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Date: Wed, 09 Nov 2011 01:43:49 +1100
From: David Hicks <>
Subject: Re: /proc/interrupts PoC: spy-interrupts

On Mon, 2011-11-07 at 21:41 +0400, Vasiliy Kulikov wrote:
> /*
>  * A PoC for spying for keystrokes in gksu via /proc/interrupts in Linux <= 3.1.
>  * 
>  * The file /proc/interrupts is world readable.  It contains information
>  * about how many interrupts were emitted since the system boot.  We may loop
>  * on one CPU core while the victim is executed on another, and learn the length
>  * of victim's passord via monitoring emitted interrupts' counters of the keyboard
>  * interrupt.  The PoC counts only keystrokes number, but it can be easily extended
>  * to note the delays between the keystrokes and do the statistical analysis to
>  * learn the precise input characters.
>  *

If you're after another idea[1], you could also try writing some code to
analyse context switch counters:

1. Wait for a user to spawn an instance of gnome-terminal[2].
2. Monitor the value of nonvoluntary_ctxt_switches in /proc/{pid of
gnome-terminal instance}/status.
3. Wait for the user to spawn an instance of su/sudo.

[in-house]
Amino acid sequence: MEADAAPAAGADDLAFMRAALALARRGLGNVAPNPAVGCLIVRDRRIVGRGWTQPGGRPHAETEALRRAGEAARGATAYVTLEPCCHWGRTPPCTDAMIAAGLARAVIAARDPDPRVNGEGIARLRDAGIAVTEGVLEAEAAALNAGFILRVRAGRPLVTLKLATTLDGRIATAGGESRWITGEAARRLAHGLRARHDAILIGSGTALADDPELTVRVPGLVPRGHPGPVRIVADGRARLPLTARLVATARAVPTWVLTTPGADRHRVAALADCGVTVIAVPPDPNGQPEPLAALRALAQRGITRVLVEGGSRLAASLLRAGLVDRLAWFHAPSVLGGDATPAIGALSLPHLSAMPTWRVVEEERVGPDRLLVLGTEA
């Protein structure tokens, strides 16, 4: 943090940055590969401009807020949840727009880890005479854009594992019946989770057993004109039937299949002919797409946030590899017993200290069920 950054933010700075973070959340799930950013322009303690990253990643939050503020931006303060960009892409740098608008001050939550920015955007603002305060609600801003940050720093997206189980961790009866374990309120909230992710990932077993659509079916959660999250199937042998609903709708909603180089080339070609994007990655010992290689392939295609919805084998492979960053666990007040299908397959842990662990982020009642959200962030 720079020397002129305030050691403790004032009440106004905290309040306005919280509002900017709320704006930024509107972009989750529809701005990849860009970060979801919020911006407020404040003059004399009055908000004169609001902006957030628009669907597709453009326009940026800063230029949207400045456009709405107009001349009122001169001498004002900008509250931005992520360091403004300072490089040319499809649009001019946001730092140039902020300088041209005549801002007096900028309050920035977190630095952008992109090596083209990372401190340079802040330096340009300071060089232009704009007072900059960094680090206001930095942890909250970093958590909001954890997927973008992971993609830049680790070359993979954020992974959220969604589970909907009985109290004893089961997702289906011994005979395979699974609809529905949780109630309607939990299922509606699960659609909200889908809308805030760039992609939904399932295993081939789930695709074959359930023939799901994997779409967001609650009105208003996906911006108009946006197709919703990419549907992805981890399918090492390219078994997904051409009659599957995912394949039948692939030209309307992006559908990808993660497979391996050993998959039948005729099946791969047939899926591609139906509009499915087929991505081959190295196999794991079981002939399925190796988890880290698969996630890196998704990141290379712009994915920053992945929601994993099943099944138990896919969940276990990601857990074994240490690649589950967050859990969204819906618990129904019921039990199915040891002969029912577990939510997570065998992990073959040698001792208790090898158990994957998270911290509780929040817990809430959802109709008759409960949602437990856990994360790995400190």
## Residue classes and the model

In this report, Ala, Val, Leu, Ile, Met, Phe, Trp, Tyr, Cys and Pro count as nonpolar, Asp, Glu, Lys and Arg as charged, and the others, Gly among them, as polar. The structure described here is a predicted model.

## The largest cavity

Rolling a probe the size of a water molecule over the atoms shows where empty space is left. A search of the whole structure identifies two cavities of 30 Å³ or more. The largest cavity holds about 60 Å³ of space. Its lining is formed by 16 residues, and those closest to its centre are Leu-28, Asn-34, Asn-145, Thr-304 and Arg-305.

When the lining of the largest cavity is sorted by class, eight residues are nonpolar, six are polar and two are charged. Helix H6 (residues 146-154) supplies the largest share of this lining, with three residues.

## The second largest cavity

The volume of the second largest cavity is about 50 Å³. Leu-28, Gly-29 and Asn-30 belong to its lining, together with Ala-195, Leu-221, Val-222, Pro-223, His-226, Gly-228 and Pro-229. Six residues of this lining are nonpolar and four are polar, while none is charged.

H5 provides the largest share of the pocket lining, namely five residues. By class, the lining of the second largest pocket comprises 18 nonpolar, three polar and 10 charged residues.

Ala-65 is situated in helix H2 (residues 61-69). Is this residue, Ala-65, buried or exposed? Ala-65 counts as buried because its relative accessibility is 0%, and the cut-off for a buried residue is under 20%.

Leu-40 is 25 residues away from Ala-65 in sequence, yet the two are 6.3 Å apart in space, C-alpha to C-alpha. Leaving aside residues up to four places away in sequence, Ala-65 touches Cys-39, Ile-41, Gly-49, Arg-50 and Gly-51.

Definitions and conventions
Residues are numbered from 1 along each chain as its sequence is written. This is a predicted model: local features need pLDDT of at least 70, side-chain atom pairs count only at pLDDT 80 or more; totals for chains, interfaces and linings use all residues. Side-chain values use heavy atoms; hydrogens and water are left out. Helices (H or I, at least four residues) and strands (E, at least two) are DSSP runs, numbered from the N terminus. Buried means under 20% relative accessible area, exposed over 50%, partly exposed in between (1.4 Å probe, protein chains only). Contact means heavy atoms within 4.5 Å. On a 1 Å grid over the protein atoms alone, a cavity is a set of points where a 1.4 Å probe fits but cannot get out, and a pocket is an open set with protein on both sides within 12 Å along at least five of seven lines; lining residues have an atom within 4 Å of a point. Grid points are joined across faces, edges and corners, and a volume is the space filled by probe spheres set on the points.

4. Analyse timing of changes to nonvoluntary_ctxt_switches as context
switches to gnome-terminal on each key press at the password prompt.
5. Stop monitoring once the su/sudo process indicates a successful login
(there are various ways of doing this including waiting for a pause in
key presses). You should now have the length of the password and an idea
of timing between key presses.

Mouse movements over the gnome-terminal window can be separated out
easily. You'll see 100's of context switches in a short time frame,
followed by a pause as the user moves their hands to the keyboard and
then a few context switches as keyboard events are received. You would
also need to subtract context switches due to the blinking cursor
(periodic screen redraw).

Taking this to another extreme you could also watch
nonvoluntary_ctxt_switches before and after su/sudo is called, coupled
with knowledge of processes that have been spawned as a result of
keystrokes, to develop a statistical model for timings between
keystrokes (assuming you can get enough resolution or samples of typing

There was a relevant thread of discussion on LKML, 7 Feb 2011[3],
discussing information leakage of ASLR offsets from /proc/$pid/. The
issue, considerations and solutions are likely similar. Prior
discussions about loose HPET/high resolution counter access vs. crypto
implementations, detecting "Blue Pill rootkits" via timing analysis[4]
and so forth are also relevant reading.

[1] At the moment this is just an unproven/unimplemented idea (according
to a quick search). However, similar research indicates that it is
highly likely that root passwords could be recovered using this
approach. Unless you're an OpenBSD developer, don't be too concerned :)

[2] This idea may work against other UI terminal software/desktop
environments or poorly implemented authentication daemons where key
presses are sent individually over a network or socket.


[4] First example I found,

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